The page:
Is that fair what I'm saying?
 

Jimmy_the_Gent

Above the law
Dec 25, 2004
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Haha, I can't believe I did so much research before even realising that 8 cents is 0.08, not 0.8.

So that's the answer. The reason you can't just sit and wait is that you're only receiving $12 a quarter, and you'd have to sit on your shares for 40-ish years without your stock losing any value to make money from this alone.

Is that fair what I'm saying?
Yeah that's fair although you've picked a terrible example.

Not to get onto a soapbox and sorry to come across as preachy but I'm just going to have at it because I have time on my hands.

When you look at the Boston Box below, you'd say that Telstra is either a cash cow or dog.

It's fair to say that communications aren't exactly a growth market in Australia (who doesn't already have a phone, mobile and internet) and Telstra's market share is borne out in what you said about their revenue - it's falling. You can't really do anything with that stock... at least I would bet that's the general consensus.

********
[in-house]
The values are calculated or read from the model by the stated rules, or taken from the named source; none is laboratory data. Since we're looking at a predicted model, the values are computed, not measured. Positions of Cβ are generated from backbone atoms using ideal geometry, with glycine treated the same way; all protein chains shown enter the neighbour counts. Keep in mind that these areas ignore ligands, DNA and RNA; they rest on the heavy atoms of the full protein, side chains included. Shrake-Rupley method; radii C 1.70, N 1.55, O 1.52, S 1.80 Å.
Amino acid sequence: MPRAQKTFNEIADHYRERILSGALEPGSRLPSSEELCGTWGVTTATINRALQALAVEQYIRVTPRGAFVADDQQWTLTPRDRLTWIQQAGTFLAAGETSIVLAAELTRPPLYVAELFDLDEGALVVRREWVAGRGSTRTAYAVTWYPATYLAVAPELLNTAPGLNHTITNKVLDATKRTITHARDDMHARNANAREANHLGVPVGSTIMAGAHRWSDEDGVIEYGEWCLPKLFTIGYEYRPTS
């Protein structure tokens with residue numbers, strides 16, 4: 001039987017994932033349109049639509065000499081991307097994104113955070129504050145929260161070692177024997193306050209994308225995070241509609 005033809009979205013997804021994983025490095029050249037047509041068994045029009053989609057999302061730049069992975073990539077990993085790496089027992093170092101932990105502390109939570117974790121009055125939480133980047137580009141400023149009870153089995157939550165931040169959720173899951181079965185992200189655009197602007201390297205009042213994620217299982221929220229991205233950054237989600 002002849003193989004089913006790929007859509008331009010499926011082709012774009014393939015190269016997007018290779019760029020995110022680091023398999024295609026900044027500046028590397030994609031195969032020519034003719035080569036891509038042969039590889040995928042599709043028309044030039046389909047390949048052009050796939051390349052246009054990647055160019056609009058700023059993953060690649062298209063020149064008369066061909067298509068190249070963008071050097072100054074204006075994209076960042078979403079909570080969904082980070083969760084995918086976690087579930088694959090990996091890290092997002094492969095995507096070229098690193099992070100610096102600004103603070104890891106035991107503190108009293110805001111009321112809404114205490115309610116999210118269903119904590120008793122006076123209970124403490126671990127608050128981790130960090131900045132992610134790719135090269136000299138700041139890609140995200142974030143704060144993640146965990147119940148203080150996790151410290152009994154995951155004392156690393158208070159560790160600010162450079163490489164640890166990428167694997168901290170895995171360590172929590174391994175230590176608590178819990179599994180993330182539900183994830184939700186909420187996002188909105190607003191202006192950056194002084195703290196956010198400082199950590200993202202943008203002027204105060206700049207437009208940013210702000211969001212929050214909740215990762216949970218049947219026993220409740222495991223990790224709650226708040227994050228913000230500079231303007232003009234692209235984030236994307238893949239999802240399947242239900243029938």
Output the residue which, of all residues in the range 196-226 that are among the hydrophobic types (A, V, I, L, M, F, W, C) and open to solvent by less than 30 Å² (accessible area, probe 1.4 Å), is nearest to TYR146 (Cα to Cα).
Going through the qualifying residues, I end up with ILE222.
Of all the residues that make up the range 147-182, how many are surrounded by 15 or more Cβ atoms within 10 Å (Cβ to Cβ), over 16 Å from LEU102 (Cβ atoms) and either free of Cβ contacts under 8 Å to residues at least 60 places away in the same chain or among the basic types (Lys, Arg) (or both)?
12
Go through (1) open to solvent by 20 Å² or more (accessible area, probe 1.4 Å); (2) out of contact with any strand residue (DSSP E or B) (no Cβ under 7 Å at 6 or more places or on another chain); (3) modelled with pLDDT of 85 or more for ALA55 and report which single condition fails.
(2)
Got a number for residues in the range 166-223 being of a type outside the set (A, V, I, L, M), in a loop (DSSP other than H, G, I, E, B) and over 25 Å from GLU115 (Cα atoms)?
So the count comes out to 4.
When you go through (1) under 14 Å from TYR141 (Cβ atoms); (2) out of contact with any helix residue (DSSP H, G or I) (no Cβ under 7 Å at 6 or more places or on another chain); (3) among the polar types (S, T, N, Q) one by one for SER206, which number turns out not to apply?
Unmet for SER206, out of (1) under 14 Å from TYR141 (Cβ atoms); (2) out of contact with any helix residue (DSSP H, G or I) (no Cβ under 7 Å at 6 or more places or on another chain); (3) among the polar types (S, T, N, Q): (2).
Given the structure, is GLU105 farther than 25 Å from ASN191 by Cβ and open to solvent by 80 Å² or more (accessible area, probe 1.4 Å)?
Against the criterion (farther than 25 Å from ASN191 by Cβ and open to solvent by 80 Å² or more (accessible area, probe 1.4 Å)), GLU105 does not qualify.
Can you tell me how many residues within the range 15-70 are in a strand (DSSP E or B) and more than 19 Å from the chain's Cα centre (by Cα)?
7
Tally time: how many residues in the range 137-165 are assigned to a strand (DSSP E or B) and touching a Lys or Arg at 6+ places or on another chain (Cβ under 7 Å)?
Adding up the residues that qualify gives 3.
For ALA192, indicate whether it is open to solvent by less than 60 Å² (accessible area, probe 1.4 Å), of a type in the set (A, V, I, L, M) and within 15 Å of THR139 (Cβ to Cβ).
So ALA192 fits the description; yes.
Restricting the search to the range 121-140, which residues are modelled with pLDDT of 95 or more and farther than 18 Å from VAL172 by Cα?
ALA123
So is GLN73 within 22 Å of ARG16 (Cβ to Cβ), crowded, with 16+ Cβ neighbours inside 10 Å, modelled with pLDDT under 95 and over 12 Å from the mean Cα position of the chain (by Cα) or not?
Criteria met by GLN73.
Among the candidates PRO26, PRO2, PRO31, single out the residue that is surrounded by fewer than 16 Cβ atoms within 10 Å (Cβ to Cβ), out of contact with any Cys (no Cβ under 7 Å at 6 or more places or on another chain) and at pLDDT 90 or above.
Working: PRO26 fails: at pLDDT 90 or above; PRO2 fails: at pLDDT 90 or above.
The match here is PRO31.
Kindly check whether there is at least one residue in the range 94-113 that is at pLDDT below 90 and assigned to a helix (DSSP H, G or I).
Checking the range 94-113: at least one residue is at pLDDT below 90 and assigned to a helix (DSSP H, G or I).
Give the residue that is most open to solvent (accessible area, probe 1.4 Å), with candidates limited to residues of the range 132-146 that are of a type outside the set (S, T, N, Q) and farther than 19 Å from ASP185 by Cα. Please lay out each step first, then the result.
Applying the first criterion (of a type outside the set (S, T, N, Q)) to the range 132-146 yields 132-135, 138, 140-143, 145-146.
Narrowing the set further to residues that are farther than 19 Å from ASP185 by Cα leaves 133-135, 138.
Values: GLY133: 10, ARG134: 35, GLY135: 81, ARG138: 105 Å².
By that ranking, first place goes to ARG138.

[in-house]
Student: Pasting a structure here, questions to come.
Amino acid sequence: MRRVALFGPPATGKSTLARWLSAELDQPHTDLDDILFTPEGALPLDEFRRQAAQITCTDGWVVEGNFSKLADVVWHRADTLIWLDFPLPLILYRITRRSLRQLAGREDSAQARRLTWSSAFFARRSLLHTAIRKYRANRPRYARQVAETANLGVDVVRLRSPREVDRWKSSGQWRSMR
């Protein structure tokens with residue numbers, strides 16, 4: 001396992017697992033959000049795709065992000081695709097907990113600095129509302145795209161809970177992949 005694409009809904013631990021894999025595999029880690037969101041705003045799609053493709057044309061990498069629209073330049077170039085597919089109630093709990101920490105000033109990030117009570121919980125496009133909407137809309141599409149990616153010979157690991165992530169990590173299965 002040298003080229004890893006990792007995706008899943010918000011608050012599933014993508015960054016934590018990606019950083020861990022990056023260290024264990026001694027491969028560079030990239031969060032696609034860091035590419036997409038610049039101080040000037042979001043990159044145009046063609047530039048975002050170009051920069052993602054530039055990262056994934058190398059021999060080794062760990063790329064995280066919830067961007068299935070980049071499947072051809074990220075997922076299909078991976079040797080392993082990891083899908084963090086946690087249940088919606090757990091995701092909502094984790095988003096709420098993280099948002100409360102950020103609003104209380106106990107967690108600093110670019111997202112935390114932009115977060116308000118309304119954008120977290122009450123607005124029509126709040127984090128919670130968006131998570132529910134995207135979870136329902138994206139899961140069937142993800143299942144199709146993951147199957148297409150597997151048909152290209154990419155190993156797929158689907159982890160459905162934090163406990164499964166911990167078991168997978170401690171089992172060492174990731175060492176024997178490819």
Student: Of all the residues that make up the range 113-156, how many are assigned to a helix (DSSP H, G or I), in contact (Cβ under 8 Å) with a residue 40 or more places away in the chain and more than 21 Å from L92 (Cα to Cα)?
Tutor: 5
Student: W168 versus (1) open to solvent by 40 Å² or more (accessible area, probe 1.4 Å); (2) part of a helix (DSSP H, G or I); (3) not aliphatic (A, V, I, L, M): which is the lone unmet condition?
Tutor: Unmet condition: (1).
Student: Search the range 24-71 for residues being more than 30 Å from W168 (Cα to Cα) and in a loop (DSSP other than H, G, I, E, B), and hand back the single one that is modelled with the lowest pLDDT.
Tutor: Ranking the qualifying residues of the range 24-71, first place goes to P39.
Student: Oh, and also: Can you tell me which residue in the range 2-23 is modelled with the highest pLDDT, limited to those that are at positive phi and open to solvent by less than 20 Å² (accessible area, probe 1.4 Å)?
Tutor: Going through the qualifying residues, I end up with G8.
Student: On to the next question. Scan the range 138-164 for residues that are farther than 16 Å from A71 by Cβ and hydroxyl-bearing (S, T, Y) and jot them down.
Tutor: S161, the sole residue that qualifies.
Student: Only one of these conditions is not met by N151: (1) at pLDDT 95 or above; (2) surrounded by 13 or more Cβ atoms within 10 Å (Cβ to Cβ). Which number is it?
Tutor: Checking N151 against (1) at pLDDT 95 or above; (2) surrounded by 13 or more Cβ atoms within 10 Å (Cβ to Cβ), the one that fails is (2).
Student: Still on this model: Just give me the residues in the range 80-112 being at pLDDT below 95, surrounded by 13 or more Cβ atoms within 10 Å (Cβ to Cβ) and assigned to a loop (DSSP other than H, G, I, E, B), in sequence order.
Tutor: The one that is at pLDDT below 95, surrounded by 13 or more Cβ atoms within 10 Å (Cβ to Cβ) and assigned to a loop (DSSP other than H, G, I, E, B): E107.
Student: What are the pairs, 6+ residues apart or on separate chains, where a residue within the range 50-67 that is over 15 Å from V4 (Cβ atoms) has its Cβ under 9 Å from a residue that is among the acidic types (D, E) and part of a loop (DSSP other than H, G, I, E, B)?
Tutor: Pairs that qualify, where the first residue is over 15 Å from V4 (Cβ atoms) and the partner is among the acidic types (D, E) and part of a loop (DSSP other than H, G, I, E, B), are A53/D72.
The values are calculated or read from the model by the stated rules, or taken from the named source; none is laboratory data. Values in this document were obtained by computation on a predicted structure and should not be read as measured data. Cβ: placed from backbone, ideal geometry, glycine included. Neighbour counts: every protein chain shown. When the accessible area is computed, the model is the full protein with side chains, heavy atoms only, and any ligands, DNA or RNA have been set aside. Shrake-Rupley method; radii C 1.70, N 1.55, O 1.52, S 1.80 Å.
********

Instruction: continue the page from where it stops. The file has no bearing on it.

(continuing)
1557388008016.png


Now, if you go back in time to 1999 and for whatever reason decided to buy shares in a Cochlear Limited, you would have been buying a question mark at about $8.80 per share. As it turns out, this stock was the one in a million that made a lot of itself and became a Star.

Cochlear took to about 2009 to pay out $8.80 per share of dividends. Since then it's paid out another $21 per share of dividends and it's share price has risen to $192.

Basically, what you're angling for can be done but probably not with a safe, steady, blue chip company like Telstra. It would take more speculative stocks (riskier) that took off. Finding those is obviously really ******* hard.

There's also a discussion that needs to be had about shares being better for capital gains than income (see Cochlear's $30 per share in dividends since 1999 but $183 per share price appreciation).

Anyway, hope that post was good food for thought.
 

Engimal v3

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Yeah that's fair although you've picked a terrible example.

Not to get onto a soapbox and sorry to come across as preachy but I'm just going to have at it because I have time on my hands.

When you look at the Boston Box below, you'd say that Telstra is either a cash cow or dog.

It's fair to say that communications aren't exactly a growth market in Australia (who doesn't already have a phone, mobile and internet) and Telstra's market share is borne out in what you said about their revenue - it's falling. You can't really do anything with that stock... at least I would bet that's the general consensus.